When Moshe Rabbenu confronts Hashem at the sneh – the burning bush, he is, in a way, confronting himself. The Midrash, in explaining what had brought Moshe to this site in the first place, gives us insight into why Moshe is chosen for the task of leading Bnei Yisrael out of Egypt. The Midrash in Shemot Raba, quoted by Rashi, points out that Moshe found his way to Har Sinai in order to ensure that his flock would not graze on privately held land but only in unclaimed areas. Therefore, concludes the Midrash, G-d chose Moshe to lead His flock, Bnei Yisrael. A related Midrash views shepherding as a testing ground for Jewish leaders. Both Moshe and David are judged by the care and compassion that they show their respective flocks. Their performance in that relatively lowly field marks them as future leaders of Klal Yisrael. A person who is willing, as the Midrash tells us that Moshe was, to carry a tired lamb, is an ideal candidate to lead. Yet, as subsequently becomes clear, Moshe is a reluctant leader who needs to be convinced of his suitability for the task ahead.
The sight of the sneh is in itself the first step in this process. Many Midrashim and Meforshim ascribe significance to each aspect of what Moshe sees, turning the sight of the sneh into an active part of Moshe’s first recorded prophecy. According to this approach, the sneh, the flames and even the angel within each represent a different aspect of the situation that Bnei Yisrael finds itself in and G-d’s (and, according to some, Moshe’s) relationship to that reality. Rabbenu B’Chaya, however, suggests a different approach. The sight of the sneh, the angel within and, finally, Moshe’s discerning of the G-d Himself, is in fact a process designed to introduce Moshe into the world of prophecy. When Moshe first sees the sneh, he imagines it to be no different than any other bush, and the flames engulfing it no different than any other fire. Why, then, is it not consumed? Further examination, enabled by Moshe’s successful, if unwitting, assimilation of the miraculous nature of the sneh, reveals the angel within. Once Moshe’s developing prophetic sense grasps the angel’s presence, he is then ready for the next step, G-d’s command to remove his shoes. Rabbenu B’Chaya compares this process to a person leaving a darkened room and emerging into the bright sunlight outside. Without proper preparation, the person will be temporarily blinded, and in extreme cases might suffer permanent damage. A person unprepared for prophecy runs similar risks. Hence, Hashem prepares Moshe for the prophetic encounter ahead.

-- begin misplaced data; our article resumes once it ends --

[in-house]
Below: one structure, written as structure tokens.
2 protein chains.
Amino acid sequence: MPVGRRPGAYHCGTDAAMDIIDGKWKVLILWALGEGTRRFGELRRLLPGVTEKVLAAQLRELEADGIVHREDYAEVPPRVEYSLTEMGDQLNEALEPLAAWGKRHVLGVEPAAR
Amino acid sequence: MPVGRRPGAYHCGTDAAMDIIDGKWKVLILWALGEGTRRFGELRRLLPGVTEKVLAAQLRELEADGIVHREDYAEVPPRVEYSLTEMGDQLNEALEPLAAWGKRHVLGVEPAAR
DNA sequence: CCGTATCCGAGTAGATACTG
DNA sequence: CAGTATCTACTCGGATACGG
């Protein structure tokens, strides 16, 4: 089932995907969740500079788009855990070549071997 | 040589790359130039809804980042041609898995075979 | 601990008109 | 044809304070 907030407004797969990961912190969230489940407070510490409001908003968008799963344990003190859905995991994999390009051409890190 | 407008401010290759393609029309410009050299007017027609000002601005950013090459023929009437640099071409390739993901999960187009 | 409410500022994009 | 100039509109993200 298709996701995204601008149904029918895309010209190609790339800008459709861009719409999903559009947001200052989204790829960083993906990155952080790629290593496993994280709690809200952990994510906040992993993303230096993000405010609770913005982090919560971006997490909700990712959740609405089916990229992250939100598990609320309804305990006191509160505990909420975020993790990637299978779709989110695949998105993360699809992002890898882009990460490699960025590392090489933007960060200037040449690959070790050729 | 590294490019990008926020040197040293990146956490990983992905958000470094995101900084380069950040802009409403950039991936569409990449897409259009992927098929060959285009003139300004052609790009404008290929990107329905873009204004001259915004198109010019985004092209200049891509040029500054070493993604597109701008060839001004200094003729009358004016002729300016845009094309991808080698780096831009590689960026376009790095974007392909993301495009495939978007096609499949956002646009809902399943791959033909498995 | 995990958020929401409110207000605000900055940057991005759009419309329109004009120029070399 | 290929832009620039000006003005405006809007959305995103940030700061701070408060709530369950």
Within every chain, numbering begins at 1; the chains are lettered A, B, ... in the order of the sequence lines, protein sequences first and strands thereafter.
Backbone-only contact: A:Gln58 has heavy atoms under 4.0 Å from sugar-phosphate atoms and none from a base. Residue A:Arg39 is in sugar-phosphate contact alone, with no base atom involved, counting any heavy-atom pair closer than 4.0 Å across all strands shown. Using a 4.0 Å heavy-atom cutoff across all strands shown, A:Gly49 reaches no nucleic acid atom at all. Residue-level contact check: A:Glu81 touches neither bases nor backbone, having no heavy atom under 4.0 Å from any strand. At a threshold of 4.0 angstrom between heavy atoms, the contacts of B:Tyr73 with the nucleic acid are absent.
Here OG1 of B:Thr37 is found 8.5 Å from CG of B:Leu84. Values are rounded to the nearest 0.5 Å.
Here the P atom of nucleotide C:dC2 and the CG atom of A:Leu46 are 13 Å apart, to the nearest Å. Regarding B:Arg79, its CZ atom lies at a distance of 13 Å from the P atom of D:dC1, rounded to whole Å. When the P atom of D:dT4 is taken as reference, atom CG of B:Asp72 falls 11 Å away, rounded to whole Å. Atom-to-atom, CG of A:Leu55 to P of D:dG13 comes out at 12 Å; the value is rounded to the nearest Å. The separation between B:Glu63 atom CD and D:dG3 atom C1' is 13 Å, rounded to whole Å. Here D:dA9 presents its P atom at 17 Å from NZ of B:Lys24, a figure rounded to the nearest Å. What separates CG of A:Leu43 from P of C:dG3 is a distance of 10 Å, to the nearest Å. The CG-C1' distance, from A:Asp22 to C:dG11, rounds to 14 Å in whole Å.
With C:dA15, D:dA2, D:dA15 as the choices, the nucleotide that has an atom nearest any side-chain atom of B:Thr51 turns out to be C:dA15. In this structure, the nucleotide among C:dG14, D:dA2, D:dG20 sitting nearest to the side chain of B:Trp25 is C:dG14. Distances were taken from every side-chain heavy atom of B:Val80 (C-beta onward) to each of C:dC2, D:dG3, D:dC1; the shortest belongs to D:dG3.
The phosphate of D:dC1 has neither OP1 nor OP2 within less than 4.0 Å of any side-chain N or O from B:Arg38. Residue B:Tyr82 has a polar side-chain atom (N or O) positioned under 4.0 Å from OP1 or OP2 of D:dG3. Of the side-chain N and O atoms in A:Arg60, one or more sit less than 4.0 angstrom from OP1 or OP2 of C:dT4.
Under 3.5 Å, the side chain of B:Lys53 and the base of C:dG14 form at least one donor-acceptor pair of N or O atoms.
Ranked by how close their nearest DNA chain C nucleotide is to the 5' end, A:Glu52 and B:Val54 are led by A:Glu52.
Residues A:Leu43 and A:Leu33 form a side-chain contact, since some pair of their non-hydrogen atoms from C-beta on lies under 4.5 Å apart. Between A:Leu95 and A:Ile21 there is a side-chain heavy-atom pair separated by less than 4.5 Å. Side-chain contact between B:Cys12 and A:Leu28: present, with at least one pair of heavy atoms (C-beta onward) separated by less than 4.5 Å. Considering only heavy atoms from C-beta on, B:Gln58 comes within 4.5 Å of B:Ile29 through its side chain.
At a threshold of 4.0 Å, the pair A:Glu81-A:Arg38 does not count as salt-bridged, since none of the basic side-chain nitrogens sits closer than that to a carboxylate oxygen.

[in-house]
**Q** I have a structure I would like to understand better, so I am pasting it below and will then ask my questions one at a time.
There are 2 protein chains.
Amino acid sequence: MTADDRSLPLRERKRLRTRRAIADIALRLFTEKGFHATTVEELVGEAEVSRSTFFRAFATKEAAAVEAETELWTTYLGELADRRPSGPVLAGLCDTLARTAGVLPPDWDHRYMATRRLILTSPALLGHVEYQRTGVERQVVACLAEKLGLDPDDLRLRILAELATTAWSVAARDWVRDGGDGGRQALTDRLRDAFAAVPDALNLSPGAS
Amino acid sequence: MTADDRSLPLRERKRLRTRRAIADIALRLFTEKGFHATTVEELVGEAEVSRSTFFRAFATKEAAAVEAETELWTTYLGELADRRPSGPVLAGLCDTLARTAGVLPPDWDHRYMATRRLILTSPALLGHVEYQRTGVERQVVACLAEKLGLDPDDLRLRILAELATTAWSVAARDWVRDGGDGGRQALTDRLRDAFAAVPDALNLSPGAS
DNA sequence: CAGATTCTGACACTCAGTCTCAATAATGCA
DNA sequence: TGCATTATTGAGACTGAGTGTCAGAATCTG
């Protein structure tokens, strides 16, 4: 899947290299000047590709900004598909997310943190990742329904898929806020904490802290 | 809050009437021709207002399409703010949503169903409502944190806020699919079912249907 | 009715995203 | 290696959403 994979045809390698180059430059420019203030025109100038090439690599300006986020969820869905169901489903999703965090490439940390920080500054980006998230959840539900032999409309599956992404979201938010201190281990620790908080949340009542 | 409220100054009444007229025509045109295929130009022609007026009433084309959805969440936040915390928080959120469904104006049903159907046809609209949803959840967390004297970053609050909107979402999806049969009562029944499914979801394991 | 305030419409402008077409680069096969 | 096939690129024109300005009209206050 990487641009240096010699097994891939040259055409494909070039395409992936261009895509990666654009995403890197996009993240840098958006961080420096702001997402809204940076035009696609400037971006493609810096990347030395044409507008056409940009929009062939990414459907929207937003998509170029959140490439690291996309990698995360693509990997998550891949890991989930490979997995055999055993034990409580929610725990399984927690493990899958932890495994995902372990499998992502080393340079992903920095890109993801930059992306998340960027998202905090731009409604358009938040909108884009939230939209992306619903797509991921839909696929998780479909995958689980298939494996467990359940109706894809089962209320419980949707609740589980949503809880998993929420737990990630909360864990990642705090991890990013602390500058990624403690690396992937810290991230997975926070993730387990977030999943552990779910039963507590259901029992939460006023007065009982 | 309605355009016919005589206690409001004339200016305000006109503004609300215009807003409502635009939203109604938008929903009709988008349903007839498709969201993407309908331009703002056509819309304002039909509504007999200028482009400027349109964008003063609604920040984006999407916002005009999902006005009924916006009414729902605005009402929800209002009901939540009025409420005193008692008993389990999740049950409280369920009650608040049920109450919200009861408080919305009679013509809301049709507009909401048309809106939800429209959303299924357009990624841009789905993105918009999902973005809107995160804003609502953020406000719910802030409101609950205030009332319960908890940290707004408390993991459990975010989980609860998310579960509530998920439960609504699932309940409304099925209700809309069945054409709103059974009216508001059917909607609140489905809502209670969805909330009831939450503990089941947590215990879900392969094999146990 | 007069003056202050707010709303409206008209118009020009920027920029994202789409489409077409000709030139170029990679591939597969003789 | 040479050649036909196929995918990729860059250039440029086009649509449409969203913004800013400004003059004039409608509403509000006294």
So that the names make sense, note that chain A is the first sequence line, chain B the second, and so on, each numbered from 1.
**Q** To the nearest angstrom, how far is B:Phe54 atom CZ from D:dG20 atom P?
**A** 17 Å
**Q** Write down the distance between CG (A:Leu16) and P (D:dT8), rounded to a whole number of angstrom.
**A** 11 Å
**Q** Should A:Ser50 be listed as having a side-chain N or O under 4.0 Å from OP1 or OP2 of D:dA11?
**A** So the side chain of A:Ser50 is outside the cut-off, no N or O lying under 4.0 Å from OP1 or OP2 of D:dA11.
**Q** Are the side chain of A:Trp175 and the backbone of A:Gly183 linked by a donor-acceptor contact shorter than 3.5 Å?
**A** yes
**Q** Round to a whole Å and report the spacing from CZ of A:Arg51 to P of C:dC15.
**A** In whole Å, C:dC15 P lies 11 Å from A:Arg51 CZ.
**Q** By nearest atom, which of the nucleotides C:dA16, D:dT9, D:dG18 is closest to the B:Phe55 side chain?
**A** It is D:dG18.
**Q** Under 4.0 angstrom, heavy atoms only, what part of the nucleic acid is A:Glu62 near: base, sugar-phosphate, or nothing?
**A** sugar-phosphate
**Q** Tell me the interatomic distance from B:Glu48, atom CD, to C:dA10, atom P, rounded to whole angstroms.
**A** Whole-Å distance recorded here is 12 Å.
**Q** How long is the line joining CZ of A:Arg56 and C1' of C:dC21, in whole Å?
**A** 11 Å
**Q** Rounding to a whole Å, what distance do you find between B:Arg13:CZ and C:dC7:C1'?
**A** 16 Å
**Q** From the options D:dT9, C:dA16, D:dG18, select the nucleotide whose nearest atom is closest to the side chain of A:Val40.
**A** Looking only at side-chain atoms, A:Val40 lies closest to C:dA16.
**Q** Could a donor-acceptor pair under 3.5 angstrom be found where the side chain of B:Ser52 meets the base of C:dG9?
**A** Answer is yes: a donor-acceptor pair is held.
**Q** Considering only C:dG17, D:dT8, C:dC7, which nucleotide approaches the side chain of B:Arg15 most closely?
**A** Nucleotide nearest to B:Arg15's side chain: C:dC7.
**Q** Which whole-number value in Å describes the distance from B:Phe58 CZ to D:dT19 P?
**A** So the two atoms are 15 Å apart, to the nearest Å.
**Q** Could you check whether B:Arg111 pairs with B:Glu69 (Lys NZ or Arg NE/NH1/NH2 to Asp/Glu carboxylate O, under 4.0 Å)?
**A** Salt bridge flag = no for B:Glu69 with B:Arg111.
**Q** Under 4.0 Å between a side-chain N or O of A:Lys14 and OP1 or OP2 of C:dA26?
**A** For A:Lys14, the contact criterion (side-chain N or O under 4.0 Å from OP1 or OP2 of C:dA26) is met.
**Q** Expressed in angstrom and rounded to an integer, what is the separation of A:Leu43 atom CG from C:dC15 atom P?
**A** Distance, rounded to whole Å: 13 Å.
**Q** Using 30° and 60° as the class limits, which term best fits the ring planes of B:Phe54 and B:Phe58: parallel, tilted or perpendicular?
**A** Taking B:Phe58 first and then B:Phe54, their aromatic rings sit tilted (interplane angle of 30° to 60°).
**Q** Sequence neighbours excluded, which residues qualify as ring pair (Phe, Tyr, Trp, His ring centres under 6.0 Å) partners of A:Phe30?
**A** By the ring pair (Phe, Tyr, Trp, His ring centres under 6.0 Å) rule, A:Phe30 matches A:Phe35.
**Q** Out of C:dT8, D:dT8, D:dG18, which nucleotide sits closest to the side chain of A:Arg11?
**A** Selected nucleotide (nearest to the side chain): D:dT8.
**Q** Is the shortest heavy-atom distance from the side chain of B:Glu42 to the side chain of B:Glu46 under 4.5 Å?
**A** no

While a careful reading of the pesukim does not readily lend support to this approach (read perek gimmel, passuk aleph to dalet to see why) its appeal on a logical level is self-evident. As Moshe is about to enter into a very intense encounter with Hashem without any prior prophetic “experience”, it seems quite reasonable that he would require some training or preparation.